My ‘Big’ interview

I had the absolute pleasure of interviewing Caroll Spinney, a.k.a Big Bird. He’s been very generous with the press since his documentary “I am Big Bird” has sparked much interest. I called him at his home in Woodstock, Connecticut and he gave me nearly an hour of his time (he actually apologized for not having more time, but was expecting guests) and talked about his life, his love and the yellow-feathered friend as if he hadn’t done it numerous times before. As an avid Sesame Street fan, it was a childhood dream come true.


‘God Bless Joe and Snow’: Community mourns the loss of local man


As news spread Sunday that 72-year-old Joseph Leppado had died, memories about the man known as “Papa Joe” spread on social media.

The Fort Walton Beach man, and his pit bull terrier mix dog, Snow, were well-known in the Mary Esther community.

“He was a kind man,” said Ellen Murphy. “…and he loved that dog so much.”

Leppado was pushing a wheelchair and walking his dog east on Hollywood Boulevard Saturday night around 9:20 p.m. when he was hit by a man driving a pickup truck, according to Okaloosa County Sheriff’s Office, which is still investigating the crash.

The accident occurred near the intersection of Hollywood Boulevard and Jonquil Avenue. East and westbound lanes on Hollywood from Bryn Mawr Boulevard to Marcia Drive were shut down for several hours after the crash.

EMS responded and transported the victim to Fort Walton Beach Medical Center where he was pronounced dead.

Snow, who Murphy said suffered road rash, is in the custody of PAWS.

It was Snow who attracted Murphy to Leppado about three years ago at the Viking Food Mart on Wright Pkwy.

“That dog is one of the best-behaved dogs I have ever seen. Anyone could approach her,” she said. “As long as Snow is free from the streets, Papa Joe would be very happy.”

Many who saw him walking around the Mary Esther area, with Snow tied to the wheelchair, thought he was homeless, but he did live in a rundown apart-ment on Cape Drive, less than a mile from where he was struck.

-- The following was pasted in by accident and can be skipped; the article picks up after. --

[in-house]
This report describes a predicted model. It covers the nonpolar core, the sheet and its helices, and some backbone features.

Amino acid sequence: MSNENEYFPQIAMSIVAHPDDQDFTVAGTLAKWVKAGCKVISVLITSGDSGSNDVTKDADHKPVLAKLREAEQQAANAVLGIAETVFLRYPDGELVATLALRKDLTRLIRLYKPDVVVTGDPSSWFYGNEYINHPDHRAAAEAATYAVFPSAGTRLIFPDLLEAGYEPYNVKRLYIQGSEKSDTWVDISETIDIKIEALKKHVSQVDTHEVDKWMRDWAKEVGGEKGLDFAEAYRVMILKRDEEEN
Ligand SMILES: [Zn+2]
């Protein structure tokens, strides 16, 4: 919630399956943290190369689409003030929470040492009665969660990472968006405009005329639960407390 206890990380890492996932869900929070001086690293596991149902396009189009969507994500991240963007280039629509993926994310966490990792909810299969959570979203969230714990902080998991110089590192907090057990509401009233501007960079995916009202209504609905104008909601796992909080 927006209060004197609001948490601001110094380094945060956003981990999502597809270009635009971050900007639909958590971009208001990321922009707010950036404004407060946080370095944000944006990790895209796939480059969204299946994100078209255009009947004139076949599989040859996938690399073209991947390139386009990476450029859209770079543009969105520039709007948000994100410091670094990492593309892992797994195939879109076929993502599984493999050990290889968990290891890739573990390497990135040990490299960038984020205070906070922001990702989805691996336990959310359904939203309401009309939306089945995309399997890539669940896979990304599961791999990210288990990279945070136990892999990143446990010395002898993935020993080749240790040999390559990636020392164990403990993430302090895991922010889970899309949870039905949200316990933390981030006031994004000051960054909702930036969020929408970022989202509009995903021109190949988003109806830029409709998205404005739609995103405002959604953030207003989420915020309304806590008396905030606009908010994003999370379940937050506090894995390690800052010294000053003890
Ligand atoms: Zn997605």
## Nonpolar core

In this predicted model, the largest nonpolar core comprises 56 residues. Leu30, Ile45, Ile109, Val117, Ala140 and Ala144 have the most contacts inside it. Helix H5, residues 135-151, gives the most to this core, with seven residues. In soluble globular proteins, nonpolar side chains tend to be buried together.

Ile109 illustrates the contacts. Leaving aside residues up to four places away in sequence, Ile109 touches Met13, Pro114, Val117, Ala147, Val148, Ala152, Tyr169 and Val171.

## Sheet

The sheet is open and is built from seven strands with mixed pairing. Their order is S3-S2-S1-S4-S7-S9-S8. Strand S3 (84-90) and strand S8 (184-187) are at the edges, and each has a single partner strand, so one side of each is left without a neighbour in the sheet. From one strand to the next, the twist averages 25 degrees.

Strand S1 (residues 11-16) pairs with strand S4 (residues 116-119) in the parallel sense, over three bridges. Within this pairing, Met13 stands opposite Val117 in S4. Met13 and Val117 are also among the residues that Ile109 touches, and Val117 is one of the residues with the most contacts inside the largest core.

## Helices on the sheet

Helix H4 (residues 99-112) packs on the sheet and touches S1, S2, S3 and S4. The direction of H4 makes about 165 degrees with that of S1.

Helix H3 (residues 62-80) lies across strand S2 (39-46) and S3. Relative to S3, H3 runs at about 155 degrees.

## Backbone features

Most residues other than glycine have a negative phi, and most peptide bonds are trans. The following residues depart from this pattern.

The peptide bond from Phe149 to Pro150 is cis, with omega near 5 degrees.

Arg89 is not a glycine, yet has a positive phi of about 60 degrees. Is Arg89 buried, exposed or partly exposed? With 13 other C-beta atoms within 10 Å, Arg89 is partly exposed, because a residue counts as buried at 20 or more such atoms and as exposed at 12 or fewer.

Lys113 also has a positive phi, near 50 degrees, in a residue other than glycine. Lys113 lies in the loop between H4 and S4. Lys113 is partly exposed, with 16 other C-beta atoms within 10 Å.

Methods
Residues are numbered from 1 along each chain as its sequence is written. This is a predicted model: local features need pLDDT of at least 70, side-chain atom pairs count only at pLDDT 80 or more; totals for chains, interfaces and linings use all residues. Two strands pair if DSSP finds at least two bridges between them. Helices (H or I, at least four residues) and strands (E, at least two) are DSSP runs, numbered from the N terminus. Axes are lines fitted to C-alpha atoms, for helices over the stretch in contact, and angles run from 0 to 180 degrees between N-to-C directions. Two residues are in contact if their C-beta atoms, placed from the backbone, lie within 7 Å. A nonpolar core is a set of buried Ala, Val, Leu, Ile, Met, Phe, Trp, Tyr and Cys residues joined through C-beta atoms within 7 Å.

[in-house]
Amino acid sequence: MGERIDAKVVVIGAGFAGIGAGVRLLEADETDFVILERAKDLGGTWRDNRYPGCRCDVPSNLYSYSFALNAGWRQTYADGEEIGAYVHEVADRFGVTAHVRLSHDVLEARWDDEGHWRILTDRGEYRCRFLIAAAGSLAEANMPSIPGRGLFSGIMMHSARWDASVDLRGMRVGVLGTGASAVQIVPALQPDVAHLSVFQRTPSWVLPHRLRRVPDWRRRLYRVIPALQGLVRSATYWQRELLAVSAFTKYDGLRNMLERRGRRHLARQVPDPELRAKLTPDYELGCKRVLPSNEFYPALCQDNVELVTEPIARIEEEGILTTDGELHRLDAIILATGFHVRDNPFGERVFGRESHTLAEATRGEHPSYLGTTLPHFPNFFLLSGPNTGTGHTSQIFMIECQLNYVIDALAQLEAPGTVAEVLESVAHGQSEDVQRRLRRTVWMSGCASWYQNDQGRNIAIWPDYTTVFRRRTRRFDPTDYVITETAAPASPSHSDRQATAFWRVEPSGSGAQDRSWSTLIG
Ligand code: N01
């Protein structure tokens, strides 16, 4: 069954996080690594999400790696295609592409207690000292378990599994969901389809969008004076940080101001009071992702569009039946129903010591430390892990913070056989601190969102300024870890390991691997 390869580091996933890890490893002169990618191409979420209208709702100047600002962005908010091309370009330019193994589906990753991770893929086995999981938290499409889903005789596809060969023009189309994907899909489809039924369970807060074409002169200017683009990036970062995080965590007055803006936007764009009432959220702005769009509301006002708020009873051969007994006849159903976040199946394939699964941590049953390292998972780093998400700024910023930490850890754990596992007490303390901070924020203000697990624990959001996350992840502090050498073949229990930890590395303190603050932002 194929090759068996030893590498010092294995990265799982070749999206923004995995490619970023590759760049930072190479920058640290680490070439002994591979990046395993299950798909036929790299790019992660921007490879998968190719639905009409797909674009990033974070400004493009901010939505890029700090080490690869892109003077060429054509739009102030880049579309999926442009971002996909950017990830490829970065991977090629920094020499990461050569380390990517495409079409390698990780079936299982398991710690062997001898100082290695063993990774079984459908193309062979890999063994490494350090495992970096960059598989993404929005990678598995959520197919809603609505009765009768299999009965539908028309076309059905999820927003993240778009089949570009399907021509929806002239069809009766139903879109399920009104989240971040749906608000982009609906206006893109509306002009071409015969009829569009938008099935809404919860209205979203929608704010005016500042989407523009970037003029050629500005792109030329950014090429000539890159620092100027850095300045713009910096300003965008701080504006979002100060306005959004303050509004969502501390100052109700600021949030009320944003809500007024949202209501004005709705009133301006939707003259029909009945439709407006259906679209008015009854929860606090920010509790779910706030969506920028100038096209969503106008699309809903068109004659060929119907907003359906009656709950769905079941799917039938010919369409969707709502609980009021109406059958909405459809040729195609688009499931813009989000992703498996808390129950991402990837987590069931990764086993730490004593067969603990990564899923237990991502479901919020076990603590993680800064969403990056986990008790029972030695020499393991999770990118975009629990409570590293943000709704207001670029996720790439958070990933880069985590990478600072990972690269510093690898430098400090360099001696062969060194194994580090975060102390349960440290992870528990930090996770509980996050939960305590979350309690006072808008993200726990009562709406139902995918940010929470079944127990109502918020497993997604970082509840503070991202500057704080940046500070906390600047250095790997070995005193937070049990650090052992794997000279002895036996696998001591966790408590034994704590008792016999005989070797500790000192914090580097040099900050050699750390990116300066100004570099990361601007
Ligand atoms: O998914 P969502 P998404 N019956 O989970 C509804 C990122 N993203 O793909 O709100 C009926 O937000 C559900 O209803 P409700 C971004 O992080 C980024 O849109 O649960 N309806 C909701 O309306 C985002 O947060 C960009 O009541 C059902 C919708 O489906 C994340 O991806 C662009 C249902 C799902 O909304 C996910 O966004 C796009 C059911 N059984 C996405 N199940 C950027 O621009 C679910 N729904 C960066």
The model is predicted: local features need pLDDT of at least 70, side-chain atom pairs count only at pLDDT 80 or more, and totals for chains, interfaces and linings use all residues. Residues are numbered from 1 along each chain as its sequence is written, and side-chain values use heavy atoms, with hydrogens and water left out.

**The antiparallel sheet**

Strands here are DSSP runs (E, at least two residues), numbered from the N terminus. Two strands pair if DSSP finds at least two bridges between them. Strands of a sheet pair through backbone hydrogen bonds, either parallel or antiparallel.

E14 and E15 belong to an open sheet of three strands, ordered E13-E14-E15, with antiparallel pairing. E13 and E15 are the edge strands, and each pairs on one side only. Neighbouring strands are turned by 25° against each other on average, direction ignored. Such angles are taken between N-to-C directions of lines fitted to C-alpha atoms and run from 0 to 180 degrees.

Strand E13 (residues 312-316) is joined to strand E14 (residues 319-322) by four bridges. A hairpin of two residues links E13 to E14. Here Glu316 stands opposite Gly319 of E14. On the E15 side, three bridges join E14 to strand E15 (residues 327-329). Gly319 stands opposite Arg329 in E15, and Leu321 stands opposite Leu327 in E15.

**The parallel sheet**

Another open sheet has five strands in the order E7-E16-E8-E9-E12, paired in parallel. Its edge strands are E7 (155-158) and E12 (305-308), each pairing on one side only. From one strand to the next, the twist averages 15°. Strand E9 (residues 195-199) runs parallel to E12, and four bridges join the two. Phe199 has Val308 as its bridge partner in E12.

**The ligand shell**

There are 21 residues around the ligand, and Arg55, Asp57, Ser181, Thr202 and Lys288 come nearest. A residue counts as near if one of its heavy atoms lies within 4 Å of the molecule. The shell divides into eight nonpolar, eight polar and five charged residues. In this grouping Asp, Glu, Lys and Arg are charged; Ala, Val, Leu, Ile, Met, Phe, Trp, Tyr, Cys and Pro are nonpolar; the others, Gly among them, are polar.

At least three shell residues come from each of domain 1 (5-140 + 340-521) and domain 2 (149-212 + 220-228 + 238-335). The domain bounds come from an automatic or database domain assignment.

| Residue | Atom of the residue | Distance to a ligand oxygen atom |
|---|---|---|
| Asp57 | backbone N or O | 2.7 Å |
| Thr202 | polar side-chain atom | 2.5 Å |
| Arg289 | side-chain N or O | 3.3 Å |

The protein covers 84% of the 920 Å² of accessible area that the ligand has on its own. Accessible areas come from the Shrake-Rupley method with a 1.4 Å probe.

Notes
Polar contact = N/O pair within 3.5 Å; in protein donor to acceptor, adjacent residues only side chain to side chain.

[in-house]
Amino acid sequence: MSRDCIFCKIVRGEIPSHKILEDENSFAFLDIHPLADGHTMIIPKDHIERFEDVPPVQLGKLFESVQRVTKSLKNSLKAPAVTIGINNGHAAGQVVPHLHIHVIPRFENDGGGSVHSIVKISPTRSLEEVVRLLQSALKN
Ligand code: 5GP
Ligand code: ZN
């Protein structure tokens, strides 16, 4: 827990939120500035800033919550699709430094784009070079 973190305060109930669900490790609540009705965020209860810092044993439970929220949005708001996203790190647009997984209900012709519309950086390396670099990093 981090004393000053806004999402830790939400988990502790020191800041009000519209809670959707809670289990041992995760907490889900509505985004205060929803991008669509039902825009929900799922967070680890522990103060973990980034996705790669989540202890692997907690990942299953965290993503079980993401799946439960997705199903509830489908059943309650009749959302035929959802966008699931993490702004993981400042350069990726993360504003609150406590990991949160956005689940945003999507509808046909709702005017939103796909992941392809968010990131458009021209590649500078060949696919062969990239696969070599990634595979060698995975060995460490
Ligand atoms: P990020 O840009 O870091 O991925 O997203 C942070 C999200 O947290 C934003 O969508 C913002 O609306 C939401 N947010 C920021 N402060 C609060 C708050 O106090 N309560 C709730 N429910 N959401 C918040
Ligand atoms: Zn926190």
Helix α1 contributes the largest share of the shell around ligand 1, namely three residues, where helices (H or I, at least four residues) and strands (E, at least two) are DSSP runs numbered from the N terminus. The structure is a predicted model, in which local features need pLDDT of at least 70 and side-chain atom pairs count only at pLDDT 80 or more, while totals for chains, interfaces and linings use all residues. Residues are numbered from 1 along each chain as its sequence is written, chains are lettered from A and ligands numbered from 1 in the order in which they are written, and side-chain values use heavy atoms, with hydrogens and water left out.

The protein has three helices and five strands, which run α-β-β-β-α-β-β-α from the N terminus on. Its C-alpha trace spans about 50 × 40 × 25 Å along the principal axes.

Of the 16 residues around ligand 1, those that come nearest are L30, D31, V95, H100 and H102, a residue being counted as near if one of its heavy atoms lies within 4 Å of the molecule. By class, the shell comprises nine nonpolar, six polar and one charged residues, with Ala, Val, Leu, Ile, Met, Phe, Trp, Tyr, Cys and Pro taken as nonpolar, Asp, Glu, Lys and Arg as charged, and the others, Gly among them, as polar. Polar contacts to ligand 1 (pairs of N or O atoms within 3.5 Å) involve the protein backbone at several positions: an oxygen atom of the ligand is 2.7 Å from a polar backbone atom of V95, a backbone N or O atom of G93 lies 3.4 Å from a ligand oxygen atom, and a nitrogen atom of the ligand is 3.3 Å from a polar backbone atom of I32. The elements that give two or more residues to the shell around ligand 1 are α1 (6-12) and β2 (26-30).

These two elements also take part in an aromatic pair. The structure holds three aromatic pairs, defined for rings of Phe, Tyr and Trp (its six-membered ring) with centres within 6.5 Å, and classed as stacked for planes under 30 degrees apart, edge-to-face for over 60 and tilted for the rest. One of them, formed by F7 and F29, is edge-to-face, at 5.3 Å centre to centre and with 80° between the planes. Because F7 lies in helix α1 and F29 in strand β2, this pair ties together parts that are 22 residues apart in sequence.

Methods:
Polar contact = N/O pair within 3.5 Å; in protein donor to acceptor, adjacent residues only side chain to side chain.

Before he came to Florida around 2006, Leppadom, who is originally from Pennsylvania, was living in Virginia. He leaves behind four kids, seven grand-children and six siblings.

His daughter, Shannon Nicole Taylor, said it had been five years since she last saw her father.

“I do believe he was trying to go in the right path,” she said.

Taylor said she wasn’t surprised to learn her father panhandled, that it was perhaps something he chose to do “so no one could find him.” The Army veteran was often found outside Books A Million, asking for spare change. But when her uncle called to tell her that he passed away, she said it hurt.

“My father’s my father regardless of his past. Despite his evils, he was a sweet, loving guy,” she said. “But because of the choices he made, my kids will never get to know him.”

Leppado’s family is planning a funeral service in Virgina, “a place he loved,” Taylor said.

Last time Murphy saw Leppado, was about a month ago, she gave him some money, petted Snow and said, “Hope to see you soon.”

“God Bless Joe and Snow,” she said through sobs.

DeFuniak Springs man, William Burgess, said he and his girlfriend, would see Leppado often when they came to Fort Walton Beach.

“Anytime I had extra money, I gave it to him. He once told me it would go toward his water bill,” he said. “…but I didn’t know anything about this person.”

One day, he took the time to talk to Leppado, and said he found a friend.

“He told me, ‘I can tell you’re a good person.’ I told him, ‘I can tell you’re a good person, too,'” he recalled.

Burgess said when he saw the headline of a man pushing a wheelchair with his dog, he knew it was Papa Joe.

“Someone asked me how I was doing today and I told them, one of my friends just passed away,” he said.

“He wasn’t just a man, he was a good man.”

As seen in Northwest Florida Daily News 

Covering the Trump Rally in Mobile, Alabama

With just a few hours notice, I raced over to Mobile, Alabama for the Trump Rally where die-hard fans and supporters were waiting hours to get in the Ladd Pebbles Stadium. After an hour-long sweaty speech and another hour wait for the shuttles to take us back to the parking lot, I was able to file the story and photos in to Mashable from a downtown McDonald’s. It was a crazy night.

Read the story.